According to Councilwoman Leslie Knope of Pawnee, Indiana today is Galentine’s Day. It’s the day before Valentine’s Day when you celebrate all the smart, fabulous women in your life. On this Galentine’s Day, I would like to send my affection and admiration to The Current, specifically the smart, amazing women who they put on the air.
Now, as you know I’ve been a long-time listener to The Current, since the very first day in fact. My love-affair with radio is long and bumpy.
You know what else has been long & bumpy? My search for female voices talking about Rock & Roll. I can’t count how many times I’ve turned to my friends, readers of I Will Dare, and various Internetizens begging for books written by women about Rock & Roll, and what it’s like to be a female Rock & Roll fan. I wanted the female equivalent of Chuck Klosterman or Rob Sheffield or any of the other white dudes pontificating about music.
Every time I asked I came up with bupkis. I’ve read a lot of books by rock & roll women (think Kristen Hersh’s fabulous Rat Girl or Patti Smith’s Just Kids), but they weren’t what I was looking for. I wanted women who were more fans talking about their experience. I searched for many, many years and then I found Ellen Willis and it was like finding a rock & roll godmother. Sadly, she died in 2006 and though her writings mean more to me than I can express, her era of Rock & Roll is not mine.
And so, last week Lady Gaga played Minneapolis or St. Paul, one of the huge venues. I’m mostly apathetic when it comes to Lady Gaga, whatever. I liked her better the first time when she was called Madonna. Anyway, the dudes from the major papers were tweeting about the concert, barely hiding their disdain and I thought “Gee, it’d been nice if a woman were reviewing it.” Not that men don’t have a valid point of view. I grew up worshipping at the keyboard of Jim Walsh. But you know what? I’m sick of men always getting to weigh in on all the music stuff.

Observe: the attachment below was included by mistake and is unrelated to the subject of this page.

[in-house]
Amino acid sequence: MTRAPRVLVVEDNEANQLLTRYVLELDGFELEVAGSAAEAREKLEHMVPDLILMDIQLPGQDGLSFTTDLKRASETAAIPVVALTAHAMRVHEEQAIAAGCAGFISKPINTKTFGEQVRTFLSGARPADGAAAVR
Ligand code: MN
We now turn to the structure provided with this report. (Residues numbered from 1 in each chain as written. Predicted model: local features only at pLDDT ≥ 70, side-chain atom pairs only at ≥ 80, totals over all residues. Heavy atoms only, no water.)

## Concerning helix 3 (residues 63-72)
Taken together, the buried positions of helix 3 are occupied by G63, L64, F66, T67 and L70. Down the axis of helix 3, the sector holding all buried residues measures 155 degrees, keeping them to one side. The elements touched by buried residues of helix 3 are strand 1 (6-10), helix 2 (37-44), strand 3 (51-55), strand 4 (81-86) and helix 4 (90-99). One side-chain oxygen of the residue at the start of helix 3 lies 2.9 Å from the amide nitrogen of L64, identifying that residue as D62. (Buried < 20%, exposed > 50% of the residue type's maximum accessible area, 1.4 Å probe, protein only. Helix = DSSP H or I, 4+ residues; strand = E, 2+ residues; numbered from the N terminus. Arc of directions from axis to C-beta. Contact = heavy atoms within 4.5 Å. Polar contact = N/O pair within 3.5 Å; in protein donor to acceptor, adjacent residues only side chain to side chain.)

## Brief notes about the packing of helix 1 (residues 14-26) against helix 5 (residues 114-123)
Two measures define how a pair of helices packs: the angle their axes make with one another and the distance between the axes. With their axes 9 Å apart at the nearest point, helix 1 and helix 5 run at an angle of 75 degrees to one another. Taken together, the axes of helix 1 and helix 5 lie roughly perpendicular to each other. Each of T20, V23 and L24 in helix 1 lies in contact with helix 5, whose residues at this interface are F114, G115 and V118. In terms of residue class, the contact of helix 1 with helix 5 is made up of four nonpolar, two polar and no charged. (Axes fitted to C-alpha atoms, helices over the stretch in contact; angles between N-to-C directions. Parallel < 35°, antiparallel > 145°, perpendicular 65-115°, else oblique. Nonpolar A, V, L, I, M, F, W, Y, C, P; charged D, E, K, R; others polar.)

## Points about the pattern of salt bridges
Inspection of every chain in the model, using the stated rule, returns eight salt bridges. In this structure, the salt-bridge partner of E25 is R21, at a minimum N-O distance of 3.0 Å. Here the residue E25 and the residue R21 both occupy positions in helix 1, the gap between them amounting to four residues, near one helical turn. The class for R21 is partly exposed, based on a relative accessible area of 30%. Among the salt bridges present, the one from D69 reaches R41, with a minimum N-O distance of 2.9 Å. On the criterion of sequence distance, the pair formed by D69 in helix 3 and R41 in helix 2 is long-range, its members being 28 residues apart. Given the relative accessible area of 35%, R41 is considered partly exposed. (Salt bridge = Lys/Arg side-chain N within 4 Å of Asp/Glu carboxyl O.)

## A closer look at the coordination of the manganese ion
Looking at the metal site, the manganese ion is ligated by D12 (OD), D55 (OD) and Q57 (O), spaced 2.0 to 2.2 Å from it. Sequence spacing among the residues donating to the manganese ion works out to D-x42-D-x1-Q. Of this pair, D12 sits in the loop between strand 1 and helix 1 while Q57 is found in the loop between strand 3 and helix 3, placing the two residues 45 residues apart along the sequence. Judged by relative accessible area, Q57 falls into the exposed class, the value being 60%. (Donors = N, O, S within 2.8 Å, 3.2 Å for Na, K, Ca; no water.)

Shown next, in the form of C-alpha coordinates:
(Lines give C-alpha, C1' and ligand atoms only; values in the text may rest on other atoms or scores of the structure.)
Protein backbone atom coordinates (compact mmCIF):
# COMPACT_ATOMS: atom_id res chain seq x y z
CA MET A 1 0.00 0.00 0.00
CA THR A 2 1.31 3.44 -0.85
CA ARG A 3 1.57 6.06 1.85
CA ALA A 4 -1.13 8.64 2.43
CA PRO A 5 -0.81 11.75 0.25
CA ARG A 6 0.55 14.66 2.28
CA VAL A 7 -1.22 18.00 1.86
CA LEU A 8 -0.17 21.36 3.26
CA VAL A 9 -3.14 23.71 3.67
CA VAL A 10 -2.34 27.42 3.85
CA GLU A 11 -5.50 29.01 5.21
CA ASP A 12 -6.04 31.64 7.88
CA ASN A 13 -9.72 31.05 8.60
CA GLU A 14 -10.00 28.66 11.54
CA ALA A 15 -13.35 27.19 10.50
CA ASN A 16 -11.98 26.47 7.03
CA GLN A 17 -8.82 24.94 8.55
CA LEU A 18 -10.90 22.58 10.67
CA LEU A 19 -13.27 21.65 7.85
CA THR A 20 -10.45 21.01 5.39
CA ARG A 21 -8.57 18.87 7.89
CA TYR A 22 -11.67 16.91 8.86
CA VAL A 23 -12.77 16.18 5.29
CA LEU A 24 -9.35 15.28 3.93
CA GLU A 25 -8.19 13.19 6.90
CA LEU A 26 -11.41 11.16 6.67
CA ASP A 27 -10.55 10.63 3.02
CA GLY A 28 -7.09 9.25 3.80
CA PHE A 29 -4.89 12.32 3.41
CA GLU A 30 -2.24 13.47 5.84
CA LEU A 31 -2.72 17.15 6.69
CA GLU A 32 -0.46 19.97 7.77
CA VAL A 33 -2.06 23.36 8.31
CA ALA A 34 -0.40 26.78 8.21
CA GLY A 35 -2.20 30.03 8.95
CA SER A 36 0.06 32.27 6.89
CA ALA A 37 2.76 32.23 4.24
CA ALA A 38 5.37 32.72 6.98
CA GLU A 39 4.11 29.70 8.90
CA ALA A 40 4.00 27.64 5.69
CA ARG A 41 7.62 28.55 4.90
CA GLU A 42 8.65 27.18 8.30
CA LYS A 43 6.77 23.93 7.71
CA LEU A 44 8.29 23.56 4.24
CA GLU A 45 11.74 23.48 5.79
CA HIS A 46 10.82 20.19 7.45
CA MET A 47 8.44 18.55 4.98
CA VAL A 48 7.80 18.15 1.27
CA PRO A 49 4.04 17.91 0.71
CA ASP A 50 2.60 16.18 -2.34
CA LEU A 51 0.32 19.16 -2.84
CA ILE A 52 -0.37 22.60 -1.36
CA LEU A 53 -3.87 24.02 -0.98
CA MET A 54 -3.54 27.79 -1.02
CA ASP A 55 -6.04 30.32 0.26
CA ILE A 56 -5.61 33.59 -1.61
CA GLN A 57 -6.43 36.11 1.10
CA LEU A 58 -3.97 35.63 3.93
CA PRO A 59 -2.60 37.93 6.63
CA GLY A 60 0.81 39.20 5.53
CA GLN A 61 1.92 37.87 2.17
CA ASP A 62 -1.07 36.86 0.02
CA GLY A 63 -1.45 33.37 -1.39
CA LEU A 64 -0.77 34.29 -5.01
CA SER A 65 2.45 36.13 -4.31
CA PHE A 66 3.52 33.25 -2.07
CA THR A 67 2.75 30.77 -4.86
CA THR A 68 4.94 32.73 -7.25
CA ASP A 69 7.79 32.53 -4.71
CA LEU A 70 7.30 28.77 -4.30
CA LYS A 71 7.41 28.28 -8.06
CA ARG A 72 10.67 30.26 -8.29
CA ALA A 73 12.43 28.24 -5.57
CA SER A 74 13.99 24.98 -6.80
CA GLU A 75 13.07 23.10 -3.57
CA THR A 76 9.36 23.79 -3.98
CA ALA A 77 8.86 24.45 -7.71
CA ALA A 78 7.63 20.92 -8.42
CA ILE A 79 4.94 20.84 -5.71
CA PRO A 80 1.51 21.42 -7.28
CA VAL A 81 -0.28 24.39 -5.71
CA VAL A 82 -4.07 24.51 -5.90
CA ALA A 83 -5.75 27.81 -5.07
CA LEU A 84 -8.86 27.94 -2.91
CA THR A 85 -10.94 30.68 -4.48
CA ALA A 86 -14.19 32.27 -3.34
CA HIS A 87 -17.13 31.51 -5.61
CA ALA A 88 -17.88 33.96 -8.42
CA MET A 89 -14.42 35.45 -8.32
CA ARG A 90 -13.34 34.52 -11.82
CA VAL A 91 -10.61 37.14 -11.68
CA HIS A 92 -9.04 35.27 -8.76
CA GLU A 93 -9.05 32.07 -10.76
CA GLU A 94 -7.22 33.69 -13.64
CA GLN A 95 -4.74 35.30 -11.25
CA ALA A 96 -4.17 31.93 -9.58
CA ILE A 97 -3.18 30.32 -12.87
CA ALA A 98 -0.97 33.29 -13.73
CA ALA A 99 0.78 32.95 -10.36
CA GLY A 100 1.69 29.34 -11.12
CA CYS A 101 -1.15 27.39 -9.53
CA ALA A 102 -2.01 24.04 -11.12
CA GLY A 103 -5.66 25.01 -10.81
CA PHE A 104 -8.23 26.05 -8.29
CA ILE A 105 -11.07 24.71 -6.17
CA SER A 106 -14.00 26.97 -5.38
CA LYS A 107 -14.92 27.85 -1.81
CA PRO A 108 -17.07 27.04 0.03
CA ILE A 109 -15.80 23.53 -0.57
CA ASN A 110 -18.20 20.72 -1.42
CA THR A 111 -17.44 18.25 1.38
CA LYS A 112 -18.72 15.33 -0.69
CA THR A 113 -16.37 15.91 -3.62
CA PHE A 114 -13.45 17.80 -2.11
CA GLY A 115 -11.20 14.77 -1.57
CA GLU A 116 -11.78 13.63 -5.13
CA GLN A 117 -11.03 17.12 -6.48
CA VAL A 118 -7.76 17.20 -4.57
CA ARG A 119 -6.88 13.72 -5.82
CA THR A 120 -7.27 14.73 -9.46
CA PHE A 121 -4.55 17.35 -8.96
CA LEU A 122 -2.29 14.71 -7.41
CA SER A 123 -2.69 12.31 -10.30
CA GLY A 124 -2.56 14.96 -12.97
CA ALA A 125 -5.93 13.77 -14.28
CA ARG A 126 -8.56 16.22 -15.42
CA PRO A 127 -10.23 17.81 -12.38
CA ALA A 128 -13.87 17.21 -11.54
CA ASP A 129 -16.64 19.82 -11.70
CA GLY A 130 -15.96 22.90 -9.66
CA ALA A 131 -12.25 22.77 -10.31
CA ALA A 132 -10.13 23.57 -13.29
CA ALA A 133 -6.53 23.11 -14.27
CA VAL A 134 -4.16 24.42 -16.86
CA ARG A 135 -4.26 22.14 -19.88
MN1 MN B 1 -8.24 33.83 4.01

I was a little agressive when I asked a Twitter pal if any women were reviewing the Gaga event, and he was all? I dunno if Andrea Swensson is covering it. She was, and is, as far as we know the only woman writing about rock & roll in the Twin Cities. I can name handful of dudes who are, but only one woman.
That makes me sad.
But then a few days after this Twitter conversation it came time for me to pony up my annual MPR membership funds which I’ve done ever since The Current went on the air eight years ago. Founding member, right here!
As I was typing into the message box about why I was donating I started with Mary Lucia, because, duh. And then I added Barb Abney’s name. And then Andrea Swensson. And then Jill Riley. And then because I was running out of attention span I forgot to add Jade and Jacquie Fuller.
And as I was typing I was like OH MY GOD! HOW FABULOUS IS THIS?
Here I’d just been bitching about the lack of female voices talking about Rock & Roll, when they’d been in my ears all along. I just hadn’t realized it. Why? Because my bias is always for writing.
Now that I’ve realized this I cannot convey how much it matters that so many women are here in the Twin Cities talking about rock & roll. It matters! It matters! It matters! It matters! And if you’ve never been the girl who feels like none of the other girls aren’t listening to the same kind of music you do. Or that you only love the rock & roll to attract a boy. Or that someone might make fun of you because you don’t listen to music the same way the boys do, then you too know why this matters.
And I get a little weepy writing about this, not only because it’s taken me FORTY! years to find this but because I think of my lovely fifteen-year-old niece, Jaycie, who has really discovered music in the last year. She makes my heart swell bigger and bigger every week when she asks me about Neko Case or Tegan & Sara. And watching her talk about her upcoming trip to Coachella is seeing pure joy in action. But perhaps what I love the most is that she’s going to grow up in a city a world where her musical voice will be validated whenever she turns on the radio, because of course she’s a listener of The Current, and she hears not just one or two, but a myriad of female voices talking about something she loves.
That people, is fucking awesome.